Uncertainty is Perfectly Okay

No one can predict the future, no one. There is no way to know absolutely everything about what is going to happen in your career or life. There will be times where you feel lost. That's perfectly normal. Being "lost" will give you the space to explore what you like, don't like, and unlock your passions. 

You'll want guidance and direction. It's okay to reach out for it. Asking for help isn't a sign of weakness. It's a sign that you want to grow and want to learn from others' experiences.  Even other people don't have all the answers, and that's perfectly fine.

Mistakes Don't Define You; They're Learning Experiences 

Like death and taxes, mistakes are inevitable. Everyone makes them.  What really matters is how you react to them.  Do you see them as a sign to give up? Or do you see it as a sign that something isn't working, so something needs to be adjusted. 

Anytime you try something new, you're bound to make some sort of mistake.  That's okay. What you will learn through experience is minimizing the amount of mistakes you make and dealing with their consequences (hopefully it's not bad at all).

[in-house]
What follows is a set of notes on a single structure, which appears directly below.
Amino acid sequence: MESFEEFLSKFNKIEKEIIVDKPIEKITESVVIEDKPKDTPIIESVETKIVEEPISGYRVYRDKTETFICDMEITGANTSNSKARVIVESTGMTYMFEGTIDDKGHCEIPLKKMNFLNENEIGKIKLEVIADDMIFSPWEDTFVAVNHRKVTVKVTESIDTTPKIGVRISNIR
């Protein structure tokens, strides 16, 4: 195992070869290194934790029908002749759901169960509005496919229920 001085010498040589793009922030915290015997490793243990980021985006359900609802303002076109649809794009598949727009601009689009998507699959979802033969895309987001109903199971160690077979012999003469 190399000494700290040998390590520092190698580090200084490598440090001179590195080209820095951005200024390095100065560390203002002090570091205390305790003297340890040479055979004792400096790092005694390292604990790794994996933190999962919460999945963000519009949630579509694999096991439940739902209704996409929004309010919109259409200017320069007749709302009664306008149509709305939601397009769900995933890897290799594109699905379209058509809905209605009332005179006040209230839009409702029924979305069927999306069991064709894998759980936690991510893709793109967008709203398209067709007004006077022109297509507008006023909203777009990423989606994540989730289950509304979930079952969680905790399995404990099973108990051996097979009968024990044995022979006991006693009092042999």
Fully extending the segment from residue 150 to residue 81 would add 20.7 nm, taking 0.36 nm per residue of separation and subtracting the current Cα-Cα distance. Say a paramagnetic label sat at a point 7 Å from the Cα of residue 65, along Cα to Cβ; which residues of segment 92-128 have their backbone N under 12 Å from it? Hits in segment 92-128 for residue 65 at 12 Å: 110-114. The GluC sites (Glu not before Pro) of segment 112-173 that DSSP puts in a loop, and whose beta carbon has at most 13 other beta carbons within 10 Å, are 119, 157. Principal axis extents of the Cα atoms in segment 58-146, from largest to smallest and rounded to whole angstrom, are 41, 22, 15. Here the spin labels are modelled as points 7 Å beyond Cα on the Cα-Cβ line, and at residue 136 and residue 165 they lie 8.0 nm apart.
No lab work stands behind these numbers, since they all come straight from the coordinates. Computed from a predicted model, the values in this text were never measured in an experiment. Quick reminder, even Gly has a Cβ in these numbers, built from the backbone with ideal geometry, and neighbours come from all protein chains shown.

Sometimes making a mistake is painful.  You might've hurt someone you care about.  You let yourself down.  It's not easy.  Getting over it is a process that helps you mature and grow. Owning your mistakes is powerful, so is owning your success.

You Make Your Day; Not the Other Way Around

It might take you some time to realize it, but you are in charge of your life.  I know it may be hard to fully see it, especially because you've had to follow rules and directions from others your whole life. This is one of the most empowering thoughts you've ever been told: you are ultimately in charge of your own life. Your thoughts control your actions.  Your actions affect how life reacts to you. Your family, friends, career, and lifestyle are all directly influenced by your thoughts and actions.  

You get to choose your attitude.  You can choose to be positive or a pessimist.  You can choose to be happy or act with grumpiness.  You may not be able to choose what happens in your life, but you can choose how you react to it.  Act and react with optimism, grace, and manners.  People like being around people who uplift them and are a positive impact on their lives.